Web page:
THE United States government has provided a US$2 million funding to support Zambia’s first round of scaling solar project being implemented by the Industrial Development Corporation (IDC) This demonstrates confidence by the United States in the Zambia Scaling Solar programme.
United States Agency for International Development (USAID) Zambia director Mike Yates said US$2 million had been approved to assist in the implementation of first round scaling solar project.
He said the funding would lower project development costs by covering the success fees payable by developers to the International Finance Corporation (IFC) once the deal reach financial close.
Dr Yates said the United States remains committed to working with the Zambian Government and the people to achieve long-term power sector development that extends beyond the current power crisis and uplifts the standards of living of millions who have never had electricity before.
He said this in Lusaka recently.
“The United States government through Power Africa and USAID Zambia has approved just yesterday US$2 million in funding to support Zambia’s first round of scaling solar,” Dr Yates said.
He said electricity was the lifeblood of any modern economy saying that Zambia’s future economic prospects are closely tied to development of the energy sector.
“This year’s power outages have already cost Zambia dearly in terms of productivity, jobs and social development,” he said.
In Zambia, the United States has partnered with Sweden, the African Development Bank and World Bank under Power Africa to support innovative approaches to increase renewable energy generation and access including for the more than 70 per cent of Zambians who currently have no electric power.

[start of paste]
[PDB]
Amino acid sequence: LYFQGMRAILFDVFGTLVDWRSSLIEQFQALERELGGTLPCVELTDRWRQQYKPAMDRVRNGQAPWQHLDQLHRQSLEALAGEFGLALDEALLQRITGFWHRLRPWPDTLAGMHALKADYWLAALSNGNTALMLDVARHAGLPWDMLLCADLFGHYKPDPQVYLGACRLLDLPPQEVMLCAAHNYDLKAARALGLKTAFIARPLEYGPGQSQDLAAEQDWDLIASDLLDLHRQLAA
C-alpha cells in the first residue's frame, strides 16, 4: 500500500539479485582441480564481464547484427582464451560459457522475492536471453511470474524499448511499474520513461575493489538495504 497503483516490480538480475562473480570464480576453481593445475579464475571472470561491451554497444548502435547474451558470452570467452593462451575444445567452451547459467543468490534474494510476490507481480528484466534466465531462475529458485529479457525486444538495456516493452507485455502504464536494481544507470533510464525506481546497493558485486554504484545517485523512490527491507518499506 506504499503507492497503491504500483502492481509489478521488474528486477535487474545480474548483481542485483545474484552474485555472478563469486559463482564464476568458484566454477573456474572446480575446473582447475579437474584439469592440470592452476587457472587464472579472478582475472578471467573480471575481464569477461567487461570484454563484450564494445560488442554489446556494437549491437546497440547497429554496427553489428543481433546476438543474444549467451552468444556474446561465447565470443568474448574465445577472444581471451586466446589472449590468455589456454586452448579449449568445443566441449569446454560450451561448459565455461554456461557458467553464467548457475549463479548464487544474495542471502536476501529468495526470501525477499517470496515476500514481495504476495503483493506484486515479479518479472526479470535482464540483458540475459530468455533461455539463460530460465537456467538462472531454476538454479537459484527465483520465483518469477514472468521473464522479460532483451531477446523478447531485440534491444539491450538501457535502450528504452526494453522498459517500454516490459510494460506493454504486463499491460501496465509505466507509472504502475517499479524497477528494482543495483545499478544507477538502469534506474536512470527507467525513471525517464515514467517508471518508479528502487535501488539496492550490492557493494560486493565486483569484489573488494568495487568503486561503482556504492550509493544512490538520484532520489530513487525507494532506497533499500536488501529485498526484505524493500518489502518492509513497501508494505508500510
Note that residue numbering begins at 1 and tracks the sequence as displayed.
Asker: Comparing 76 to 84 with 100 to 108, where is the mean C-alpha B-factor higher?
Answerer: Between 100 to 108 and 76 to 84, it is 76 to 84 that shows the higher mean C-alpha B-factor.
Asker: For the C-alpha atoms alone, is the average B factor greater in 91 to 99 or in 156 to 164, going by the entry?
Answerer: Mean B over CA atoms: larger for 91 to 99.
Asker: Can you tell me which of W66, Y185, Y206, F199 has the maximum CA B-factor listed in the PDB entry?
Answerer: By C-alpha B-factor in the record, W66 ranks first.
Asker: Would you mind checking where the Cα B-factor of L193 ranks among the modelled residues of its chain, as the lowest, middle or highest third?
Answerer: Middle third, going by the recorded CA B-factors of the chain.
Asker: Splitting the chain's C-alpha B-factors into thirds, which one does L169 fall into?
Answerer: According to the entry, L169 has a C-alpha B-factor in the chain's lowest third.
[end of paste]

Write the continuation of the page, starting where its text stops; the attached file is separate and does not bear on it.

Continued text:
He said harnessing solar power for electricity generation was one of such approach that should be undertaken.
In addition, new technologies have been driving down sharply the costs of solar energy and with over 300 days of sunshine per year, Zambia has great untapped potential.
Dr Yates said the private sector investment was key to realising that potential and the Zambian Government had a vital role to play in that regard by reforming inefficient procurement processes, under priced tariffs and reducing financing risks.
“We applaud the Zambia Government and the IFC for this innovative scaling solar venture. It has created a transparent, competitive bidding process to attract qualified solar power developers, and will offer adequate prices, streamlined procurement processes, and financing support to facilitate financial closure and implementation of solar power production,” Dr Yates said.
IDC chief executive officer Andrew Chipwende explained that the IDC had adopted a structure that would enable Zambian participation in the two solar projects.
“ The structure being adopted is one which will enable Zambian participation through the retention by IDC of a minimum of 20 per cent shareholding in the two companies that are going to own the first two solar projects in Zambia,” Mr Chipwende said.
The IDC initially owns 100 per cent shareholding in these special purpose vehicles which will be reduced with the two winning bidders assuming majority control in each company.
Mr Chipwende said the Government had announced its intention to offer its shares to the public once the companies are profitable.
He said the shares would be offered through an initial public offering on the Lusaka Stock Exchange (LuSE) saying that the Zambian would be given the first right to buy shares that would be owned by IDC in the two companies.
“This is in response by the Government towards the issue of empowering citizens through ownership of high quality enterprises. Secondly contribute towards furthering deepening of the stock market,” Mr Chipwende said.
In July 2015, President Edgar Lungu directed IDC to drive the urgent development and installation of at least 600 mega watts of solar power, in order to rectify the current power deficit in Zambia and resultant national crisis.